House releases healthcare overhaul bill

WASHINGTON (Reuters) - The healthcare overhaul proposal offered on Tuesday by U.S. House of Representatives’ Democrats will include an extra 5.4 percent tax on those earning more than $1 million.

Beds lie empty in the emergency room of Tulane University Hospital in New Orleans February 14, 2006. REUTERS/Lee Celano

One congressional aide said that would bring the top tax rate for the wealthy to 45 percent.

The 1,000-page healthcare legislation will be considered by three House committees with an aim to finish work in the House by August.

President Barack Obama, who has made the healthcare overhaul his signature domestic policy issue, voiced his support for the proposal and said it would help control skyrocketing costs that have reached $2.5 trillion a year.

The legislation calls for an additional tax of 1 percent levied on those couples earning more than $350,000. Those with $500,000 in income would pay an extra 1.5 percent, according to the legislative documents. Increases could be triggered in 2013 to 2.0 percent and 3.0 percent, respectively. The millionaires’ tax would remain at 5.4 percent, according to legislative documents.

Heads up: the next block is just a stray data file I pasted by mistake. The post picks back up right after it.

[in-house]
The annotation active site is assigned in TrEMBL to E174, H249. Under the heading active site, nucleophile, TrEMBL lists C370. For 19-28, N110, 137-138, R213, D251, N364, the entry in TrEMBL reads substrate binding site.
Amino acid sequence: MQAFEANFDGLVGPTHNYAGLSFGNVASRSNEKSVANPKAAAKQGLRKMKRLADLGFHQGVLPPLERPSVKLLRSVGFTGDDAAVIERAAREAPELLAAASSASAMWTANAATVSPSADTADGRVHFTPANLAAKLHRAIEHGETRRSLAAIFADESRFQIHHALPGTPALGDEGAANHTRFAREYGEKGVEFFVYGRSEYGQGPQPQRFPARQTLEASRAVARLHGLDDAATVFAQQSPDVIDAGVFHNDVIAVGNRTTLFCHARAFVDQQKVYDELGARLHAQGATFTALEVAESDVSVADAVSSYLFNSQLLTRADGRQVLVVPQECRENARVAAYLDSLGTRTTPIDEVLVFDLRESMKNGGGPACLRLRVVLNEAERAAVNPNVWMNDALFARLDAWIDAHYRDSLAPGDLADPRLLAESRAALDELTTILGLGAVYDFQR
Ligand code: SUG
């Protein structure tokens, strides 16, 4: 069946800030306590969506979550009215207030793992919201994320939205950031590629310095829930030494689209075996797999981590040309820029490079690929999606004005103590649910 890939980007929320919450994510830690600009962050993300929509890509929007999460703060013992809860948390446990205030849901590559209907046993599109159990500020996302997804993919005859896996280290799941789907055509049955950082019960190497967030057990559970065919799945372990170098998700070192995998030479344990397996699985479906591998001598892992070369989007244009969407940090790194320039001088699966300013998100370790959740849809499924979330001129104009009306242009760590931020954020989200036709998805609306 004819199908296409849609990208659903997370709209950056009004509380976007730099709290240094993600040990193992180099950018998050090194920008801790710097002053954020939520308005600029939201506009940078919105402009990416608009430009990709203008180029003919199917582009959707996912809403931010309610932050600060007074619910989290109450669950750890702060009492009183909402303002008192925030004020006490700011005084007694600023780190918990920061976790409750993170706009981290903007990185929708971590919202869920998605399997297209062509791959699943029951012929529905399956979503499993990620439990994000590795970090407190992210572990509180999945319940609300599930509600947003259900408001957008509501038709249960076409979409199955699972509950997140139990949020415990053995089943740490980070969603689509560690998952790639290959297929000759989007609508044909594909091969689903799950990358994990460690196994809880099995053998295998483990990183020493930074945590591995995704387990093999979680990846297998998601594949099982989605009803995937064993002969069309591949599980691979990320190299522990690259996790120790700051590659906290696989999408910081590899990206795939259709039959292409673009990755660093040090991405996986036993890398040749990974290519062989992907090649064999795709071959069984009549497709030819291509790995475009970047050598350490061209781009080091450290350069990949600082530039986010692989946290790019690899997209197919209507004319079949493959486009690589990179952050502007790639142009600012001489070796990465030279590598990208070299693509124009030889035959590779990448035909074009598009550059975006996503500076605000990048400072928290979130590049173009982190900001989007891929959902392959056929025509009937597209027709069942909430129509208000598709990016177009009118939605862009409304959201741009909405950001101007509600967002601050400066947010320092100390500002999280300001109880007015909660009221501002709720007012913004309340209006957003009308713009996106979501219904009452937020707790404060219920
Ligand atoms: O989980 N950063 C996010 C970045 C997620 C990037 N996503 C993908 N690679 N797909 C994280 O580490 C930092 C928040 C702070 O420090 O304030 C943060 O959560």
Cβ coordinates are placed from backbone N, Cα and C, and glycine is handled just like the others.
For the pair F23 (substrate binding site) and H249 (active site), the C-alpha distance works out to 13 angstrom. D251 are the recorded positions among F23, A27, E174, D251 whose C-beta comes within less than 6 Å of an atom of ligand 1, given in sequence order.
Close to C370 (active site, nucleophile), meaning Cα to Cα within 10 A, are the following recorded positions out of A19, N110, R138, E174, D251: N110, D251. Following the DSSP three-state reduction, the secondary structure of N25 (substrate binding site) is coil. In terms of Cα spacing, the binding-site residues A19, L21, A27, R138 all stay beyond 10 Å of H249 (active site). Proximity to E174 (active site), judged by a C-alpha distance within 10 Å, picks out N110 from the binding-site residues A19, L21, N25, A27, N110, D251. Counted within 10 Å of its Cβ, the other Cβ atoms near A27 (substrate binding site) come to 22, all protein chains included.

The additional taxes would bring in $544 billion over 10 years to pay for the estimated $1 trillion cost of the healthcare overhaul, including bringing coverage to the estimated 45 million uninsured.

The cornerstone of the plan is a public-financed health insurance option that would compete with private insurers. The legislation includes subsidies to help people buy insurance, and requires all individuals to purchase insurance or face a tax penalty.

Among the sweeping changes in the health insurance industry, it would bar insurers from denying coverage to anyone based on pre-existing medical conditions. It would also cap the amount the insured would have to pay on “out-of-pocket” healthcare expenses.

Among the changes for the Medicare program for the elderly and disabled, is a focus on ways to use reimbursement rates to improve quality of care rather than reward quantity of care. The legislation would establish a commission to examine reducing disparities in reimbursements in different regions of the country.

Drug manufacturers would be required to give rebates to those eligible for Medicare and Medicaid, the health program for the poor.

Reporting by Donna Smith, Kim Dixon, and Jackie Frank; Writing by Jackie Frank; Editing by Eric Beech